Mini Coloquio del EDS


MQ Program. Distinguished Lecturers and talks 

IEEE EDS Min-Colloquium

Organized by the EDS Spain Chapter

Advances in nano- and large area electronics


Wednesday, Feb. 11th, 2015

16:00 h – 18:15 h                      Auditorium, Palacio del Nuncio.

Welcome by the EDS Spain Chapter. Prof. Benjamin Iñiguez. Chair


SESSION A.  Distinguished lecturers:

-          Prof. Arokia Nathan (Cambridge University Centre for Advanced Photonics and Electronics, UK)

-- Oxide TFT Compact Modeling and Circuit Building Blocks –

-          Prof. Benjamín Íñiguez (U. Rovira I Virgili, SP)

-- Compact modeling of junctionless transistors --

-         Prof. Jamal Deen (McMaster University, CA)

-- Flexible Electronics – Opportunities and Challenges --

18:15 h – 18:30 h                       Courtyard, Palacio del Nuncio

EDS Mini-Colloquium COFFEE BREAK


18.30 h - 19.45 h    SESSION B. Prof. Benjamín Íñiguez, Chair.

Distinguished lecturers:

-          Prof. Tibor Grasser (Technische Universität Wien, Au )



-          Prof. Lluis Marsal (U. Rovira I Virgili, SP )

-- Nanostructured polymer solar cells: fabrication, characterization and modeling --

Thursday, Feb. 12th, 2015

18.30 h - 19.45 h                       Auditorium, Palacio del Nuncio.

SESSION C.  Prof. LLuis Marsal, Chair.

Distinguished lecturer:

-  Prof. Enrico Sangiorgi (Universita degli Studi di Bologna, IT )

-- Micro-nanopower systems for energy harvesting --


--  Palacio del Nuncio - Calle del Rey, 10 - 28300 Aranjuez (Madrid) – SPAIN --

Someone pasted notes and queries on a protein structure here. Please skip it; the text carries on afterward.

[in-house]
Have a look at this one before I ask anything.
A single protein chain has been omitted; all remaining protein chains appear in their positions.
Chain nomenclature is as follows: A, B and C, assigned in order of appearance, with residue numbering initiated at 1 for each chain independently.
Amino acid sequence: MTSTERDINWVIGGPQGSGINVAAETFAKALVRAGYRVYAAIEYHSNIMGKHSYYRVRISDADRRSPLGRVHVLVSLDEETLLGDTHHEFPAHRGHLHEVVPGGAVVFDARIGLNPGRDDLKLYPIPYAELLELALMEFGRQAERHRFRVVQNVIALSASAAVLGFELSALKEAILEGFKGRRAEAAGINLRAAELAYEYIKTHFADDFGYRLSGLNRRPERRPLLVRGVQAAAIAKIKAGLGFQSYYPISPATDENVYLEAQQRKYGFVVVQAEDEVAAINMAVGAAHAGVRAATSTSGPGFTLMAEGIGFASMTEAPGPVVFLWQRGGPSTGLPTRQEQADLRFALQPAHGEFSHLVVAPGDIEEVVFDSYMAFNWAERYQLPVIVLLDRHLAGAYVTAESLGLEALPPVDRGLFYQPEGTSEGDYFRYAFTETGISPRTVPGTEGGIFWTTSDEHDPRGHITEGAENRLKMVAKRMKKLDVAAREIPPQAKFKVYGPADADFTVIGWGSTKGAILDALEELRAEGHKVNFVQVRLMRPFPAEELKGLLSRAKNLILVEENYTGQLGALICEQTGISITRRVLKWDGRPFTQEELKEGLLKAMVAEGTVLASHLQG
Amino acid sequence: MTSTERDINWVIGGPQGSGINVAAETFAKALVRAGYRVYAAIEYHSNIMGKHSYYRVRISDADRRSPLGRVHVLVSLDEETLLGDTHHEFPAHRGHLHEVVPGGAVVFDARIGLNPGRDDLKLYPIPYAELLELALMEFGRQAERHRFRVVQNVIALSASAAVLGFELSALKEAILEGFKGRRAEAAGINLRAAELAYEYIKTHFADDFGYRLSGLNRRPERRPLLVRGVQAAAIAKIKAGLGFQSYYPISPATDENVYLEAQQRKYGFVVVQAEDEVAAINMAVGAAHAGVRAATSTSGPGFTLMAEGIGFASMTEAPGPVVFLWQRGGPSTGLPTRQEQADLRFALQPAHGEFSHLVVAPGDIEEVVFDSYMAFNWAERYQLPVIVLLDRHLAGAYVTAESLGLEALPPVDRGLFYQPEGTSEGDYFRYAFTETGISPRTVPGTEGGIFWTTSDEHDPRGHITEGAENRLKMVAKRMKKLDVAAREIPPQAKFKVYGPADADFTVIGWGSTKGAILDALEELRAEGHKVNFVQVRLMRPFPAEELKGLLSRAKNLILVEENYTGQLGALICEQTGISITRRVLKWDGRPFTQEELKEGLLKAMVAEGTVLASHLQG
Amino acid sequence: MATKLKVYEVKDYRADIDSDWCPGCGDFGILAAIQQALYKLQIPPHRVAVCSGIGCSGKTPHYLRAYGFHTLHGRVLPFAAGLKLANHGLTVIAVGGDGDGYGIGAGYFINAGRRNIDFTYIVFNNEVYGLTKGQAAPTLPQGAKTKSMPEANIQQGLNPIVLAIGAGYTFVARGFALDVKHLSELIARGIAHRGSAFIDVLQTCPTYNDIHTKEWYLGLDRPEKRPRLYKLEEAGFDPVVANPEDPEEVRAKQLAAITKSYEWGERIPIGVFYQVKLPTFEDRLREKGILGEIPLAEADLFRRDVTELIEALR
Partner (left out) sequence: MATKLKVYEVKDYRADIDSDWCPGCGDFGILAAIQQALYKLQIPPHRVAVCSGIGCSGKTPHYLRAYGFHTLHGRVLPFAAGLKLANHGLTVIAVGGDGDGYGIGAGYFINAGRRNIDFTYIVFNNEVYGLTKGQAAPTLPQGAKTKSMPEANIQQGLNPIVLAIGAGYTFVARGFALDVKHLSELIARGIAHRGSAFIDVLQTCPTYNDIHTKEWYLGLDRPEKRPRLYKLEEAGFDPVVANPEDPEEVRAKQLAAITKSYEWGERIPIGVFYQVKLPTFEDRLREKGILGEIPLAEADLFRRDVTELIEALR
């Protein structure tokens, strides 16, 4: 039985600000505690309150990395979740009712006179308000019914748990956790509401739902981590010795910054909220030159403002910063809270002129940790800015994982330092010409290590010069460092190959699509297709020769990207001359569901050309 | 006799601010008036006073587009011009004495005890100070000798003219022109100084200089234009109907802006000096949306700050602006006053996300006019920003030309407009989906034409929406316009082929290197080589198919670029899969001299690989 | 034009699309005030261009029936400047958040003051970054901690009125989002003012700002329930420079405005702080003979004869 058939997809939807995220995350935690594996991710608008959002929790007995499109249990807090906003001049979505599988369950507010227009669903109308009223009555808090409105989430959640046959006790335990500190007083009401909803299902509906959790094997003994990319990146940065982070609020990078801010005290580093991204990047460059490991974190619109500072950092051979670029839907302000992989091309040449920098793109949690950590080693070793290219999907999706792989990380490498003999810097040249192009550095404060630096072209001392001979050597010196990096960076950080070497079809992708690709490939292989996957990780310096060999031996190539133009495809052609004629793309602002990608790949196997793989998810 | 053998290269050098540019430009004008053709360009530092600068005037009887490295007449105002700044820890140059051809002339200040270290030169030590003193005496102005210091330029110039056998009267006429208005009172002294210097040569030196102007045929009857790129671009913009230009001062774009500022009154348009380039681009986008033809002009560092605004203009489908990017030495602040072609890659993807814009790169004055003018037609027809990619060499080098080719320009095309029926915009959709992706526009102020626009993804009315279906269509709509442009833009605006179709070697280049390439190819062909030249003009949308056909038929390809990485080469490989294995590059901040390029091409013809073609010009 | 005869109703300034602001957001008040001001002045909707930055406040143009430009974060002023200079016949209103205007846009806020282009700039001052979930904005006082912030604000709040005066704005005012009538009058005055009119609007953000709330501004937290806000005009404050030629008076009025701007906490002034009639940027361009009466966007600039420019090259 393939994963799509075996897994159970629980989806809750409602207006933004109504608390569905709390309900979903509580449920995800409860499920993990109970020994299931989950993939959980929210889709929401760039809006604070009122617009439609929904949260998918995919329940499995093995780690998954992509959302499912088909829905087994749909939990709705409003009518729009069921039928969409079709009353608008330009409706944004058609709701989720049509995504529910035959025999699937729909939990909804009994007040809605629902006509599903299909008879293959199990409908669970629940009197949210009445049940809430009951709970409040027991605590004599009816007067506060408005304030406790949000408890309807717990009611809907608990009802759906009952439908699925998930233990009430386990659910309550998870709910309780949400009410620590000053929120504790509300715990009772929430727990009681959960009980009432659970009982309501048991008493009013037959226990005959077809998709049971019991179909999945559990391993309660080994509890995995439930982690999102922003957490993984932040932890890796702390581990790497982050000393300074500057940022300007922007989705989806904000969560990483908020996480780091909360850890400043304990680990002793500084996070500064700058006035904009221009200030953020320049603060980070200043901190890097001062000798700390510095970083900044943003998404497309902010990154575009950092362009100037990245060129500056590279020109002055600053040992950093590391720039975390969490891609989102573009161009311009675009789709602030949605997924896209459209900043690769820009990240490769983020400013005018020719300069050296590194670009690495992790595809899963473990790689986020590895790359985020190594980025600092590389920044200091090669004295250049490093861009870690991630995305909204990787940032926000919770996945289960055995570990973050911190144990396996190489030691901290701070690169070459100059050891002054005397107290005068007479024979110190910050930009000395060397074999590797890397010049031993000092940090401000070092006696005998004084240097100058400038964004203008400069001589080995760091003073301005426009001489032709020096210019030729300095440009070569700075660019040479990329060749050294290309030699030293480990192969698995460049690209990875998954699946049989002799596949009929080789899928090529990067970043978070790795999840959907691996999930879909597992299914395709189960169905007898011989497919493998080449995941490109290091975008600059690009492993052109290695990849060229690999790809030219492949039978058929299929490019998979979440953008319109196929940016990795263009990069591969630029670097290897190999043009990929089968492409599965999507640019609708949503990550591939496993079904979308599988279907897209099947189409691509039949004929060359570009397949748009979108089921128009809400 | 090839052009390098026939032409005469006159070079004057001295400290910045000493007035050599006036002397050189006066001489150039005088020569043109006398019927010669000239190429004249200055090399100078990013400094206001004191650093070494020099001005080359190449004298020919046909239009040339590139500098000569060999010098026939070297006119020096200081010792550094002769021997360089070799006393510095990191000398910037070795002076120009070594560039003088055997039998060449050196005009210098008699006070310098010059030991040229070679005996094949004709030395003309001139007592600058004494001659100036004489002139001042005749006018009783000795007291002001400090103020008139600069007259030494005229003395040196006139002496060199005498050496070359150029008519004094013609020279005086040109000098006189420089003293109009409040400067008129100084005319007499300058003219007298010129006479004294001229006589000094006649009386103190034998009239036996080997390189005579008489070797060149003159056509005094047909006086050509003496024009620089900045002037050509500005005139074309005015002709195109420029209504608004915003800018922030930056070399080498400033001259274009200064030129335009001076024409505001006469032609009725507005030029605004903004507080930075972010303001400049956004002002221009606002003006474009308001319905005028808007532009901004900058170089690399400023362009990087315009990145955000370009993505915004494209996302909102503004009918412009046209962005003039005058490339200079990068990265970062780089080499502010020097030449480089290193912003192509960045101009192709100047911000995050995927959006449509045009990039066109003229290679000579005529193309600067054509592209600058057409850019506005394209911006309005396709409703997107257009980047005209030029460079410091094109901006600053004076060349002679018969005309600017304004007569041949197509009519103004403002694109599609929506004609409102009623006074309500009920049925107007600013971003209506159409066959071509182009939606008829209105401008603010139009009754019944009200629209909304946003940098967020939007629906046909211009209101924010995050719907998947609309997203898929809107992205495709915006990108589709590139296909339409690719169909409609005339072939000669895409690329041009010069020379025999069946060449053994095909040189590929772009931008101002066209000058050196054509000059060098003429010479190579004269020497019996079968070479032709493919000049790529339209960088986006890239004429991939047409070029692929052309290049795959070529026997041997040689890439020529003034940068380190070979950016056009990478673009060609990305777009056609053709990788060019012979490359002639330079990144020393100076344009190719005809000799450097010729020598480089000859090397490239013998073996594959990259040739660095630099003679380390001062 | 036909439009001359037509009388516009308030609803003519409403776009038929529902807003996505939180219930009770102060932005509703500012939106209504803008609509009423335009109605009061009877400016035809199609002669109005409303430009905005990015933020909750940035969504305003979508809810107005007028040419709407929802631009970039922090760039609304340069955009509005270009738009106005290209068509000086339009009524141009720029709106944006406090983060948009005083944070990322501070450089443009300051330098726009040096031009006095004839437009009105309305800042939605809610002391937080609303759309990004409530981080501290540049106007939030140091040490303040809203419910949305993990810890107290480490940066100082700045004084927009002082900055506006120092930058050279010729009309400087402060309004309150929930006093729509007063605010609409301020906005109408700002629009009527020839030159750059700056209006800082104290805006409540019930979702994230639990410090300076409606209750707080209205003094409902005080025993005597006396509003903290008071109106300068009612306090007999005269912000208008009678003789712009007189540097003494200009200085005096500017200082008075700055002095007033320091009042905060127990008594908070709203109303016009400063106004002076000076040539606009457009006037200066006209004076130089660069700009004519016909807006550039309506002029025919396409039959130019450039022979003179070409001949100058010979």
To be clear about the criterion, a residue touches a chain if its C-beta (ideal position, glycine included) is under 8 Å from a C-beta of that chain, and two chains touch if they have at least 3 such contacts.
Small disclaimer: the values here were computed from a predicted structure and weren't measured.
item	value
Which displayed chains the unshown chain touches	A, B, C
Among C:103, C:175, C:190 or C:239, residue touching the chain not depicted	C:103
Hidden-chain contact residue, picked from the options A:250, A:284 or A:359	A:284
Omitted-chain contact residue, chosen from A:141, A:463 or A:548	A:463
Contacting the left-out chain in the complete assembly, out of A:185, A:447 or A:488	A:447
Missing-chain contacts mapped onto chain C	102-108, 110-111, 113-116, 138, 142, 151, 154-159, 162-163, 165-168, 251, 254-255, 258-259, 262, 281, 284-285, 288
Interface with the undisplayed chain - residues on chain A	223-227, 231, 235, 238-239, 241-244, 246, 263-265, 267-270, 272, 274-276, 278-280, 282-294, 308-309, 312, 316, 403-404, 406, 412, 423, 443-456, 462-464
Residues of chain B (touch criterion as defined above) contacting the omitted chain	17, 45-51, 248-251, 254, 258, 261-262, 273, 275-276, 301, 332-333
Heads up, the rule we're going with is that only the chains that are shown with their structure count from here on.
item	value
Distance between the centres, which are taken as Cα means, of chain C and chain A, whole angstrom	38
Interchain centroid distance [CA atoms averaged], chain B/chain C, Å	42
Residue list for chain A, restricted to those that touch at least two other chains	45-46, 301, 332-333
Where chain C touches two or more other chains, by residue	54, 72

Distinguished Lecturers and talks


Oxide TFT Compact Modeling and Circuit Building Blocks

Arokia Nathan

Department of Engineering, Cambridge University, UK,


This talk will address the various technologies for large area electronics, and in particular, review oxide semiconductors and associated design approaches, along with driving schemes for circuits and systems. The driving schemes used are largely designed to compensate degradation in TFT parameters, such as threshold voltage, under bias and light stresses. One of the key requirements for design of large area systems is physically-based circuit models. This requires good knowledge of the underlying transport mechanisms in the TFT, and in particular, the associated density of states and field-effect mobility (µFE). We will present a simple and compact analytical description of the current-voltage characteristics of oxide TFTs in the above-threshold and sub-threshold regions for expedient circuit simulations. Both regimes are described by single unified expression. The model accurately reproduces measured characteristics of oxide thin film transistors, yielding a scatter in the average fit of less than 5%. Based on this, design of key circuit building blocks for large area electronics will be presented, in particular, with focus on analogue applications.